On the move

Data on women migrants has policy implications in terms of securing public spaces, creating enabling infrastructure

By: Editorial | Updated: July 26, 2018 12:15:31 am
Data on women migrants has policy implications in terms of securing public spaces, creating enabling infrastructure There has been a lot of hand-wringing about the lack of women in the Indian workforce.

The story of economic migration in India is decades old but policymakers need to realise that the script has been changing. No longer is it solely a case of men travelling out of villages to cities in search of work, as women and children wait at home. A new paper reveals that the number of women migrants in the country has been rising over the last three decades, both in urban and rural areas. According to the 64th round of the National Sample Survey (NSS), carried out in 2008, 45.6 per cent of women in urban India were migrants, up from 38.2 per cent in 1993.

The reasons for this mobility are chiefly economic, says the paper, which also analyses data from the National Family Health Survey IV and the Census. As the average age of marriage and pregnancy rises, women are more open to entering the workforce. They are also being pushed into seeking work — sometimes any work — by deep agrarian distress, and the inability of men to find employment. (As the NSS data for 2008 also reveals, the percentage of male migrants in the age group of 15-59 years, has come down, from 32 per cent to 31 per cent.) This mass movement of women — some of whom are travelling alone,to unfamiliar places and hostile societies — has important implications for policy. More than ever, it becomes important to secure public spaces for women, to create an enabling infrastructure that allows them to make this difficult transition. That implies spending public resources to arrange dedicated transport and well-lit bus bays, but also points to a need for a deeper change. While the rise in the number of women economic migrants is, on the face of it, welcome, the fact is that they form the precarious, last rung of the workforce of the unorganised sector. Many of them are forced to work in construction sites and as household help for low wages and often on terms loaded against them. Governments, therefore, need to come up with solutions that address both the street and the workplace — ensure that they are safe from stranger violence as well as harassment from employers.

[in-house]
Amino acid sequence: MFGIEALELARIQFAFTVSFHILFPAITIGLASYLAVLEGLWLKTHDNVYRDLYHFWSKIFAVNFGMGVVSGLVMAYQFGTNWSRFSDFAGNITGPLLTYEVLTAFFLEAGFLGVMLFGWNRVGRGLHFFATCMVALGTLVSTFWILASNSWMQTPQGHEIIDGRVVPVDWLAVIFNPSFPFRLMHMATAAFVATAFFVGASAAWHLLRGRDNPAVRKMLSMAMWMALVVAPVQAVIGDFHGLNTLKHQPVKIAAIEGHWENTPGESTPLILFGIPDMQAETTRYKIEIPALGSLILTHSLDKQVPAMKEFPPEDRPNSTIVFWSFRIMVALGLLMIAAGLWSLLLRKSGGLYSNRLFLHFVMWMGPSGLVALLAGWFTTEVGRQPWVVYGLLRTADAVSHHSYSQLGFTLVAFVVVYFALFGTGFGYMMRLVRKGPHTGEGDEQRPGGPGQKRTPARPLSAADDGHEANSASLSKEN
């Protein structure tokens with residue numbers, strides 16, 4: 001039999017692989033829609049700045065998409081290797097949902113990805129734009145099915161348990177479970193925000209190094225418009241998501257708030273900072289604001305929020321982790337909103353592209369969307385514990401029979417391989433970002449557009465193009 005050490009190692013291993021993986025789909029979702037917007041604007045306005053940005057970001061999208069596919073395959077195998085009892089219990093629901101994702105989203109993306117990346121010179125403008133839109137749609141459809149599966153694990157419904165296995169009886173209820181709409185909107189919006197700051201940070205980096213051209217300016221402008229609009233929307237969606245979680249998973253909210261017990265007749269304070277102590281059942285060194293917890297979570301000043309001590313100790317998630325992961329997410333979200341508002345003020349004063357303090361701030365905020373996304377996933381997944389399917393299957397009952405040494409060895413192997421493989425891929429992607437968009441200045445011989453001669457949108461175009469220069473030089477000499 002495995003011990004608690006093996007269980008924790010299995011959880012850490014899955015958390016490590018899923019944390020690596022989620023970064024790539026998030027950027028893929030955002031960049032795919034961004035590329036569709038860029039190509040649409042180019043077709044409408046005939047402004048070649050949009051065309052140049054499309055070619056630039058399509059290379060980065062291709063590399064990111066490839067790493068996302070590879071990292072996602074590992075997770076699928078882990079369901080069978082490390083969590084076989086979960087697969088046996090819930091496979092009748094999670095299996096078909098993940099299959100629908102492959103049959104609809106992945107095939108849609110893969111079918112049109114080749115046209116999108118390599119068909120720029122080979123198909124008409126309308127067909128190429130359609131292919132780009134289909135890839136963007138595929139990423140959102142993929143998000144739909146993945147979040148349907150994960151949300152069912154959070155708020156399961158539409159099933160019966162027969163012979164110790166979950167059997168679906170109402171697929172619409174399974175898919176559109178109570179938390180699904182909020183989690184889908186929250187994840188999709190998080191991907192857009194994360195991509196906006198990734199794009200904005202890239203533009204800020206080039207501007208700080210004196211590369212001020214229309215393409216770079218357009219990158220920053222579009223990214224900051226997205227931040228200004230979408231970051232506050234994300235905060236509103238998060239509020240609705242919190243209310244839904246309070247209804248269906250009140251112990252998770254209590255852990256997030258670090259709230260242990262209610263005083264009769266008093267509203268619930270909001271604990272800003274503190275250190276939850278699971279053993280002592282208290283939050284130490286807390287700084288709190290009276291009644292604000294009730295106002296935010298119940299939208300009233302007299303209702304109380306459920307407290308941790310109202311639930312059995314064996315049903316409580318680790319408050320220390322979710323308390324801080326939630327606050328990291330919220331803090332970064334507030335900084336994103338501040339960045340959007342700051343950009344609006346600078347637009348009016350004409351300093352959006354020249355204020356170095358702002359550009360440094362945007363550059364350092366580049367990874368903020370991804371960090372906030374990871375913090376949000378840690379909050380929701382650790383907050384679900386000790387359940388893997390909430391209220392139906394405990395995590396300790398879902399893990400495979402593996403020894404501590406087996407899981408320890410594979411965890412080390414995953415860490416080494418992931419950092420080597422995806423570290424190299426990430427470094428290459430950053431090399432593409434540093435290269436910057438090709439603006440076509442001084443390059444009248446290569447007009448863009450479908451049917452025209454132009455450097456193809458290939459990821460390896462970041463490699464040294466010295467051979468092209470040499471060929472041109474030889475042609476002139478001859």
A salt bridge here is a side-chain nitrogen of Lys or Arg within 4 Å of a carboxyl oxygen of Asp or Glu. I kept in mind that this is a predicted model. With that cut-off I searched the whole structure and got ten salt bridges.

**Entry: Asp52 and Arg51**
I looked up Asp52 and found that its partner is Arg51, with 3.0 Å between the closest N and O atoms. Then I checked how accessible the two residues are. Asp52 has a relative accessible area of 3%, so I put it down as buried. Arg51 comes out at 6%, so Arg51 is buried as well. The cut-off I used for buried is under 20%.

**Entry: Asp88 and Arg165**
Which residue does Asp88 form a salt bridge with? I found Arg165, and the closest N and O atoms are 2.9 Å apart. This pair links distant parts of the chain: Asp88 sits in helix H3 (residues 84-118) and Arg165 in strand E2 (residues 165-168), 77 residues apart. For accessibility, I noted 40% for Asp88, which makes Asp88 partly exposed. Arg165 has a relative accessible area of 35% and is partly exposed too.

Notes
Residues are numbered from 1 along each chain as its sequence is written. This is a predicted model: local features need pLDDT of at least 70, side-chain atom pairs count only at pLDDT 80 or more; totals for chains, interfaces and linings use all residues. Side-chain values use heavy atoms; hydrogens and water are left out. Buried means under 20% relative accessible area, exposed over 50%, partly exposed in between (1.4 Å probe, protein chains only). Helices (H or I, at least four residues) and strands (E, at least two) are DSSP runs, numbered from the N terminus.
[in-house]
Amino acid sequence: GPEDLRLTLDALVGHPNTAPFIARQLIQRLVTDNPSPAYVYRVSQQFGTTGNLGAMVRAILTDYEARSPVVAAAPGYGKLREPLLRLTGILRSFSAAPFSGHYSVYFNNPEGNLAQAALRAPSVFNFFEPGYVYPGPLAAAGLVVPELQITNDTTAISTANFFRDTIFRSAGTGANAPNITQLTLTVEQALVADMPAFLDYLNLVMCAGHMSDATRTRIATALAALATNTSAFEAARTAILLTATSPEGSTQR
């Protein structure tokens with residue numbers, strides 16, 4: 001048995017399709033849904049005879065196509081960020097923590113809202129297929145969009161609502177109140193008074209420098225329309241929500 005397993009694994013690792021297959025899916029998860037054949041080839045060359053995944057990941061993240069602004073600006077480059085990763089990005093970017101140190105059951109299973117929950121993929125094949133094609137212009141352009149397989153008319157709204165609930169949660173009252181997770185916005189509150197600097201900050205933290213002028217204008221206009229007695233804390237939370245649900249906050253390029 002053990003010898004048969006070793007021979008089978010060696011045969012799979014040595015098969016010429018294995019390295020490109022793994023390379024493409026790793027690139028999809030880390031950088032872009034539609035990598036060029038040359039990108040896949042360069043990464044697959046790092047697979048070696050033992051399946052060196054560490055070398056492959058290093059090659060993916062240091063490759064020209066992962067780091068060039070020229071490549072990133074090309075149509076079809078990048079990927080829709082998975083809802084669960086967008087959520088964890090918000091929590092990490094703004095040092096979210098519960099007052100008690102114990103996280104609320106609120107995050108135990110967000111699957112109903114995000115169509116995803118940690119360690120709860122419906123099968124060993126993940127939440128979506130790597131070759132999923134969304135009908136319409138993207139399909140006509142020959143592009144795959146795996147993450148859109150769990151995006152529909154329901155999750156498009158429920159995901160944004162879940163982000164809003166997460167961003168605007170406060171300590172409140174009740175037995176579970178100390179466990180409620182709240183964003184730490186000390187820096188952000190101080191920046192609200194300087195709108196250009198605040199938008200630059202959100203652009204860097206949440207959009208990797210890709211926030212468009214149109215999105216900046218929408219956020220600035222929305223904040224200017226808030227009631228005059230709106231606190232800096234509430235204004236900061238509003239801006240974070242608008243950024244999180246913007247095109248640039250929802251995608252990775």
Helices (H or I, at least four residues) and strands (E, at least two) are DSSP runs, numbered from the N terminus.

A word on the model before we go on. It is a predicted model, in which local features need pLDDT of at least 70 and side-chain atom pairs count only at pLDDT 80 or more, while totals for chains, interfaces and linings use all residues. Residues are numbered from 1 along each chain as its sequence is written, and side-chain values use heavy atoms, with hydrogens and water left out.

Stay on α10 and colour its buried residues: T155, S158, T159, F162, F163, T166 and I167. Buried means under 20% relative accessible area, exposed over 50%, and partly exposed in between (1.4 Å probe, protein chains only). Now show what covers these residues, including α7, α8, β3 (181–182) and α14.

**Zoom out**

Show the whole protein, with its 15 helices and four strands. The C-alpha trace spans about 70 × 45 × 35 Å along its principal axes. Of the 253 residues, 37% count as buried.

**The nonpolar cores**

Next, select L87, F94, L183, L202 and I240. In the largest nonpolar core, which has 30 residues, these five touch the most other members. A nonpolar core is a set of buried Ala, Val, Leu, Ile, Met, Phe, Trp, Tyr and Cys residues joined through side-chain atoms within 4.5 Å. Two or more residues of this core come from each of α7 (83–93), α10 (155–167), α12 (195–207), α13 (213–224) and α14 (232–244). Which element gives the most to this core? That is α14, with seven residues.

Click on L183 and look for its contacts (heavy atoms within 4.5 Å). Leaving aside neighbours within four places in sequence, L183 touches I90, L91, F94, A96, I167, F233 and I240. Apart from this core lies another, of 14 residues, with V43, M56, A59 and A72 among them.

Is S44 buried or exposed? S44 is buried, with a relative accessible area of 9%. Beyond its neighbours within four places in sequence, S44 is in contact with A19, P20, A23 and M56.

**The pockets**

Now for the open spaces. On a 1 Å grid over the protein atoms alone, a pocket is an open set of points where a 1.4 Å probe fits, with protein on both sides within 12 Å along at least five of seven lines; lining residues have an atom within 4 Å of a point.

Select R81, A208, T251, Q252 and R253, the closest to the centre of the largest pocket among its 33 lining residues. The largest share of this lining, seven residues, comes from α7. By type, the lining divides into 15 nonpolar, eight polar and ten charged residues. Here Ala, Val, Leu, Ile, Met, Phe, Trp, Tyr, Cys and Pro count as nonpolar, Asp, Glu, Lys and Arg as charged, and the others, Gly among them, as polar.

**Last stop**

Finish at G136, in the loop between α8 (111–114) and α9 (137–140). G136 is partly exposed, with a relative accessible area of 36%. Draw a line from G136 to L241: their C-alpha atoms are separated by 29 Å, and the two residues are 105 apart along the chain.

There has been a lot of hand-wringing about the lack of women in the Indian workforce. The first step, however, is to acknowledge this swathe of Indian women, who are weighed down by domestic and familial responsibilities, but who have struck out on their own for a better economic life. Government and industry must now be able to work together to push them on the path of upward mobility.

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